Group therapy has been shown to be particularly effective for treating issues like depression. On the topic of group therapy for depression, Muñoz (1993) writes:
*do not discuss personal things with people outside of the group.
*you can discuss what you are learning about depression with others.
*do not talk about other people who are in group with you.
TELL US IF YOU ARE UNHAPPY!!
*bring concerns up in the group.
*we want to work with you.
*don't stay mad at the group without letting us know. (Muñoz, 1993)
These two issues are at the heart of group therapy: communication and confidentiality. When a trained counselor or therapist is running the cognitive-behavioral therapy session, he or she can enforce these rules; when the therapy session is being run by a layperson, they may not have the training to enforce these rules or guide the therapy as effectively. When these sessions are run by lay people, they are often known as support groups.
Support groups are therapy groups in which the individual members provide each other with different types of mental and emotional support (Www.Metanoia.Org, 1995). These groups are often formed independently without a trained leader to guide the therapy; they are generally held to the same standards of anonymity and support that group therapy sessions are, however (Www.Metanoia.Org, 1995). Support groups are frequently found for individuals who are struggling in the long term with an issue in their life like long-term addiction or critical illness (Gilbert, 2005). Many report that by joining support groups, they feel less alone and more able to face their addiction, depression, or illness on a day-to-day basis (Gilbert, 2005).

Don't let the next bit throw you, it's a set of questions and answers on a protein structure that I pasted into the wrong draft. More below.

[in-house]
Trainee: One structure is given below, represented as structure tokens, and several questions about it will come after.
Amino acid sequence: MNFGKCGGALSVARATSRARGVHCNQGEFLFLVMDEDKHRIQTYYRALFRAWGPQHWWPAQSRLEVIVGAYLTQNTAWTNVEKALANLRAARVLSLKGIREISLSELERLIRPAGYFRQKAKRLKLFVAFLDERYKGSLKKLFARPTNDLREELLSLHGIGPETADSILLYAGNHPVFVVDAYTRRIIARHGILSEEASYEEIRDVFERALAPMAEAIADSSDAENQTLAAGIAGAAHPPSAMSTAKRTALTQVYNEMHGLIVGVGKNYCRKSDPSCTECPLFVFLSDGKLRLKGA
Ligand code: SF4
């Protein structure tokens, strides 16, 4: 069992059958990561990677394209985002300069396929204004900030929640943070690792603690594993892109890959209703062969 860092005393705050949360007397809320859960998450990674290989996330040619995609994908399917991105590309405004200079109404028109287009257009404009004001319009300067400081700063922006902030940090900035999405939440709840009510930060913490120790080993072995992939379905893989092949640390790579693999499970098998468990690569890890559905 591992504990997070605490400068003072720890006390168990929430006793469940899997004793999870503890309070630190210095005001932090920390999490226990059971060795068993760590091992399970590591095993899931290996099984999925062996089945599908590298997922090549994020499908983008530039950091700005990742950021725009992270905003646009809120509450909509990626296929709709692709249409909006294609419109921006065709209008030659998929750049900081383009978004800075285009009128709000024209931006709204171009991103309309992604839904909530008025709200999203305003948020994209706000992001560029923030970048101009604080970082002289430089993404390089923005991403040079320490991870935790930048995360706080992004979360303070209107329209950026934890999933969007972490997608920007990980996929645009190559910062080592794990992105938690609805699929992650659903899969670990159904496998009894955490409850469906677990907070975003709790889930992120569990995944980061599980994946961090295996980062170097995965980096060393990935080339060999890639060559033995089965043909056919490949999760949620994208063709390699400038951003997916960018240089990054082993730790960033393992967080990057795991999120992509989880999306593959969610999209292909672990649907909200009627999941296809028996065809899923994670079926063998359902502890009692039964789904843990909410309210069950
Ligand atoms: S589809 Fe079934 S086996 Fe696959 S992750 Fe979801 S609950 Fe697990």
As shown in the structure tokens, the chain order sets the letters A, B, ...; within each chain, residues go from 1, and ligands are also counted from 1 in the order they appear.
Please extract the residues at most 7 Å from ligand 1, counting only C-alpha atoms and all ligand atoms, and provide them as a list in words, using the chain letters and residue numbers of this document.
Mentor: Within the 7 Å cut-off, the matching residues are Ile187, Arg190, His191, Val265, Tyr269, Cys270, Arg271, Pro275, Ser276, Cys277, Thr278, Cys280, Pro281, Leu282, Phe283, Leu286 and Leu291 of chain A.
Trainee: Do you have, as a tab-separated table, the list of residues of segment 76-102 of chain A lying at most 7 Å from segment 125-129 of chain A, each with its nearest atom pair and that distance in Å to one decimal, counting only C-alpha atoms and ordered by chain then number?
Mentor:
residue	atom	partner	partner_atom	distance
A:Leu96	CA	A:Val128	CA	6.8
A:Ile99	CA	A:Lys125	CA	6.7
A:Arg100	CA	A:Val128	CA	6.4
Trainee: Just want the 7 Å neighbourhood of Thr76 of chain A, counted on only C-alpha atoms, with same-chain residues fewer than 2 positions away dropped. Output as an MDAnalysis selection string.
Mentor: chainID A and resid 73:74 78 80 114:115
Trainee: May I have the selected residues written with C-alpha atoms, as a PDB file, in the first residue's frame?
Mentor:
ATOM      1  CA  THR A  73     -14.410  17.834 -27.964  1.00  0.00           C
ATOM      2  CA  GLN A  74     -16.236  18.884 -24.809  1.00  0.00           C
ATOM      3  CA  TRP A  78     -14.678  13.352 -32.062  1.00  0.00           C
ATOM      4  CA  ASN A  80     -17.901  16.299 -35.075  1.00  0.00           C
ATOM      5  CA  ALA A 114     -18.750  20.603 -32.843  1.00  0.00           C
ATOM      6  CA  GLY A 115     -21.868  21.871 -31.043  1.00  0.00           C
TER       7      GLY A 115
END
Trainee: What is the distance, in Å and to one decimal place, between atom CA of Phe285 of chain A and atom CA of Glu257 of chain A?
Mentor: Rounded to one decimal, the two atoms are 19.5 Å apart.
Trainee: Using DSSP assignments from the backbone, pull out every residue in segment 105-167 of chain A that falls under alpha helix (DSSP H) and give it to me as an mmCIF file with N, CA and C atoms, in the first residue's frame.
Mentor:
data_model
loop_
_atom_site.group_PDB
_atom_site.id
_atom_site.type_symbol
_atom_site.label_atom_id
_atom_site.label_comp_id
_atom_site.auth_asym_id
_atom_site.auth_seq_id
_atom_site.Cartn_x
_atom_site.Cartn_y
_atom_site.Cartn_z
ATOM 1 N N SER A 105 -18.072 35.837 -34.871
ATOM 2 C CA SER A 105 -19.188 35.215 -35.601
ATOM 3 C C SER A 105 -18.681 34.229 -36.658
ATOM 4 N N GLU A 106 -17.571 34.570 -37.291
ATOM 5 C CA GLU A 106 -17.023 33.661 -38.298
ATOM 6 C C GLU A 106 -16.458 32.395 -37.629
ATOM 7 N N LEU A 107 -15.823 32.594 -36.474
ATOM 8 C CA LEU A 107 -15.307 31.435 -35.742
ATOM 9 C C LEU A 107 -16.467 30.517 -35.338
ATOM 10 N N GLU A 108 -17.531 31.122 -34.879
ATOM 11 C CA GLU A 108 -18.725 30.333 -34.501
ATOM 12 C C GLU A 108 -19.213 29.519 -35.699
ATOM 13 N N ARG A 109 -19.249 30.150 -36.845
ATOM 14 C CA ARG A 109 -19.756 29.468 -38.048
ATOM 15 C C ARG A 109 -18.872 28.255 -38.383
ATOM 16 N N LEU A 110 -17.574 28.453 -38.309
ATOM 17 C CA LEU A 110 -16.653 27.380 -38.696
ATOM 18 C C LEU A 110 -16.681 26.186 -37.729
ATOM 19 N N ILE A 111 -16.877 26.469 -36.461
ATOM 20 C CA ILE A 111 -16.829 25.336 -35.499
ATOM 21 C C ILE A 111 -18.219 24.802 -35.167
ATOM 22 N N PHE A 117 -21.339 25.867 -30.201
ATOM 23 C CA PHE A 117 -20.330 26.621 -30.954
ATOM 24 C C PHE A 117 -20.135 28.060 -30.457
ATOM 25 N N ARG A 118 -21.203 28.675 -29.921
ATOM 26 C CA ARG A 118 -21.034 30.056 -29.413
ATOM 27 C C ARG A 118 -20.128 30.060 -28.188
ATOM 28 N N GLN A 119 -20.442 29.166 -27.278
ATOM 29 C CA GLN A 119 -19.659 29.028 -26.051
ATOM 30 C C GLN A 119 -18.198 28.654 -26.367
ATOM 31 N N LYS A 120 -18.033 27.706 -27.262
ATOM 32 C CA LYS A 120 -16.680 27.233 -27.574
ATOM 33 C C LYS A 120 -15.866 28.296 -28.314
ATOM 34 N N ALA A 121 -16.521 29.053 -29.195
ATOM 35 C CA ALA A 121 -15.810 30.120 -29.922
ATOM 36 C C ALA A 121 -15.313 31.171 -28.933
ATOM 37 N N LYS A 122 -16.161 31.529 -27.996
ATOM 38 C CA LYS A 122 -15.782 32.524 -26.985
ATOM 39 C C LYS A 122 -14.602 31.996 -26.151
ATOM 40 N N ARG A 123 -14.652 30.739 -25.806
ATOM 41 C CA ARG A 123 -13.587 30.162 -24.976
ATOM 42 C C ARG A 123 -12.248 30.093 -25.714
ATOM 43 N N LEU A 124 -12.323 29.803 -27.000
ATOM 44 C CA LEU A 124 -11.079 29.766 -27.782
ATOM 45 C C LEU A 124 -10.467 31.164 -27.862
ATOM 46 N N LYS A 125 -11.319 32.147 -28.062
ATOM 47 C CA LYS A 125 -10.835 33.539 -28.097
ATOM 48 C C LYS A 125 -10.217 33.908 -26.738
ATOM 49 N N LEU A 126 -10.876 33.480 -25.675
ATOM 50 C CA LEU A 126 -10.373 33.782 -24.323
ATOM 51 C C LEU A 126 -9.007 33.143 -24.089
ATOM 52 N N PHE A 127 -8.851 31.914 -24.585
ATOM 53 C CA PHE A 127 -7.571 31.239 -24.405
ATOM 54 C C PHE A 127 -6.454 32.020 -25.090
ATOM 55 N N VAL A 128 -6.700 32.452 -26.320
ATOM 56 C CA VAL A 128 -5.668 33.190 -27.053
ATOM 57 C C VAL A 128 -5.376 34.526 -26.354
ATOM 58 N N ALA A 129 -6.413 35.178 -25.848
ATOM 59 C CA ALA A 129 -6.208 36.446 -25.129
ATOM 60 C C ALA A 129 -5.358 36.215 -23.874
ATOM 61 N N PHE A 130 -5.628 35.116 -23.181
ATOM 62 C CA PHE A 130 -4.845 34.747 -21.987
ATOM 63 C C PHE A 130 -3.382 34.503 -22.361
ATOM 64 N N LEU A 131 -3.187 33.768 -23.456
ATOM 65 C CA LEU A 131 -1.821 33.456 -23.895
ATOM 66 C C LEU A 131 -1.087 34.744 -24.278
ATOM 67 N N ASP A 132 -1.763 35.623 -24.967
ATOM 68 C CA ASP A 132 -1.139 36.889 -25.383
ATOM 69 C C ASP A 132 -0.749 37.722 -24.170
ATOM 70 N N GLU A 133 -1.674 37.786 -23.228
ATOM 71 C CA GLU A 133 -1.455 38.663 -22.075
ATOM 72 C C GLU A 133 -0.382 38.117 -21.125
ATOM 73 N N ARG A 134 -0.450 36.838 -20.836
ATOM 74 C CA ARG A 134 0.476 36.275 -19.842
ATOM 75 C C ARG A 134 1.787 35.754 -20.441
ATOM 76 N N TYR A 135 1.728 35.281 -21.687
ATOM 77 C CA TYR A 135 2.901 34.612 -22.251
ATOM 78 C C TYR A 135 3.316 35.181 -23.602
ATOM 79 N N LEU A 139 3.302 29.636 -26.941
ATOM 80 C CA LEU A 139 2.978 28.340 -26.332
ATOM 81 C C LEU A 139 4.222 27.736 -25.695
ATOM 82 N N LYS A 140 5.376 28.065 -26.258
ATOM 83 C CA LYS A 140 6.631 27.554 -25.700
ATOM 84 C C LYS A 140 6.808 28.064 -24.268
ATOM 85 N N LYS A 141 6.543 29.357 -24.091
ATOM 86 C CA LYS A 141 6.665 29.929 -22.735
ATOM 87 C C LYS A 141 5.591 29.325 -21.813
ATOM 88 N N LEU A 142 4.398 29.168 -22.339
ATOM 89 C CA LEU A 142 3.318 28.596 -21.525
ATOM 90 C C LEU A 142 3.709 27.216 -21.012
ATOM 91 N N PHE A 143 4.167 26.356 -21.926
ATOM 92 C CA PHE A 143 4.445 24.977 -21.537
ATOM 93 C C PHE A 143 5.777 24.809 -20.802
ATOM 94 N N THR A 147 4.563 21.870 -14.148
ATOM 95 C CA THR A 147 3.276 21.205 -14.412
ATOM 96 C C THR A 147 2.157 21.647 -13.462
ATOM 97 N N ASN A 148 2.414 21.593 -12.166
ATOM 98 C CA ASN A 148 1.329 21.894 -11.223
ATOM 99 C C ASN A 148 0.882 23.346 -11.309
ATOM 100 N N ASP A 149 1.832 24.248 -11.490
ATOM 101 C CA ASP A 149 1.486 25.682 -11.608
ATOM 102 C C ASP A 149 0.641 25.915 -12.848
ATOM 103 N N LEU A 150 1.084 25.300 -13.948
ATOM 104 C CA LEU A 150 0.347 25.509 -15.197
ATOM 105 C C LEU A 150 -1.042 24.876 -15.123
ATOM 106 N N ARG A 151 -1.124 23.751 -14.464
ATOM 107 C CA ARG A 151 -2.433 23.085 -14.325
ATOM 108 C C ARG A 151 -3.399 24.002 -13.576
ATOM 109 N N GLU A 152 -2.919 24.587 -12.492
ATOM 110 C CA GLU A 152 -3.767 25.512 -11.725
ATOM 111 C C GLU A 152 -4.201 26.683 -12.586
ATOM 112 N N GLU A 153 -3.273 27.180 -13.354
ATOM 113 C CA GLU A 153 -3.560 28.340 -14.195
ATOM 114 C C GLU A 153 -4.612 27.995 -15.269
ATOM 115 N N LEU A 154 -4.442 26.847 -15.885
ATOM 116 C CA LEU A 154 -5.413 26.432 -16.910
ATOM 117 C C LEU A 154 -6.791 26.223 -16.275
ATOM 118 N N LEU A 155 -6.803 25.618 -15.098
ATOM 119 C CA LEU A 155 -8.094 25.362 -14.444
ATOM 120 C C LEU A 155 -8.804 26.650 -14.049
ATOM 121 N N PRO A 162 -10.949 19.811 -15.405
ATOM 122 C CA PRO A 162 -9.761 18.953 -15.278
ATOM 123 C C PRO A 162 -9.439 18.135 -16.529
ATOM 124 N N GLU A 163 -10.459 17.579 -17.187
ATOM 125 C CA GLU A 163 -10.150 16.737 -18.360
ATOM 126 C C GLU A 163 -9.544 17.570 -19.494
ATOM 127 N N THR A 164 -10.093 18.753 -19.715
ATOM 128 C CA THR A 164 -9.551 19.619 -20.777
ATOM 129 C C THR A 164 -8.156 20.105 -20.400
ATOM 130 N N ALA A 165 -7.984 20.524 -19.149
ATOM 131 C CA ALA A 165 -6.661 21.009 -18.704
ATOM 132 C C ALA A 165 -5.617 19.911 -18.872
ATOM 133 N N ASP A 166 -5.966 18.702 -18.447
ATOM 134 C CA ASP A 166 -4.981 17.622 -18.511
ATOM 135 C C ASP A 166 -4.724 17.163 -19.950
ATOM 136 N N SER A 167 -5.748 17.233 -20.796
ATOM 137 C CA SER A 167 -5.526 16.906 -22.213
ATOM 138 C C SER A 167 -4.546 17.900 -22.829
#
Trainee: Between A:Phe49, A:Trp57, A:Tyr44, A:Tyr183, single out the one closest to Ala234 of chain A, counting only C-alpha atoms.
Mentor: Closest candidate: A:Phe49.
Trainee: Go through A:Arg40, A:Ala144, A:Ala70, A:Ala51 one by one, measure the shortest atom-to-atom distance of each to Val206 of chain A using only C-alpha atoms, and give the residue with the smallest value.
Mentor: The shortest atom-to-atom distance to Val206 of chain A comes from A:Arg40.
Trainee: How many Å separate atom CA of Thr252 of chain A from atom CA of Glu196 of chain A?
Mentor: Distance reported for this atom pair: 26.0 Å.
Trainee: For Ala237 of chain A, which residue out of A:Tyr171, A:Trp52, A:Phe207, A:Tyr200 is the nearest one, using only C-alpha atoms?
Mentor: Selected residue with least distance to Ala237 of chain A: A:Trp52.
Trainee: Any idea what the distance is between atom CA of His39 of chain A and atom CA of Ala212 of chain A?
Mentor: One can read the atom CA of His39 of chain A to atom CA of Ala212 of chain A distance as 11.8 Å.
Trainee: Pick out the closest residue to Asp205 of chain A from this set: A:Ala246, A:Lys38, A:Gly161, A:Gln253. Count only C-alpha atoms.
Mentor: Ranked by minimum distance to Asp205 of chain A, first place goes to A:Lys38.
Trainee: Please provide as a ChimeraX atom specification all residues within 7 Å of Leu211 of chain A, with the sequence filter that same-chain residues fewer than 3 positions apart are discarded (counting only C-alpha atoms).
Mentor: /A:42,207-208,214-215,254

Cognitive-behavior therapy may be used in group therapy to help group members sort through their feelings with regards to depression (Muñoz, 1993). This means that the therapist will help the group members address the core issue that they are reacting emotionally to, and will help them find more productive ways of dealing with depressive thought processes (Muñoz, 1993). Cognitive-behavioral therapy is one of the most widely-used methods to treat depression; because depression is often characterized by a feeling of loneliness or being intensely alone, group cognitive-behavioral therapy has been shown to be very productive for individuals suffering from depression, particularly when combined with individualized therapy as well (Muñoz, 1993). This type of therapy can be problematic, however, because it is very hard work. It requires every individual participating in the therapy to work hard; if one person slacks off on their homework, the whole group can easily suffer (Muñoz, 1993).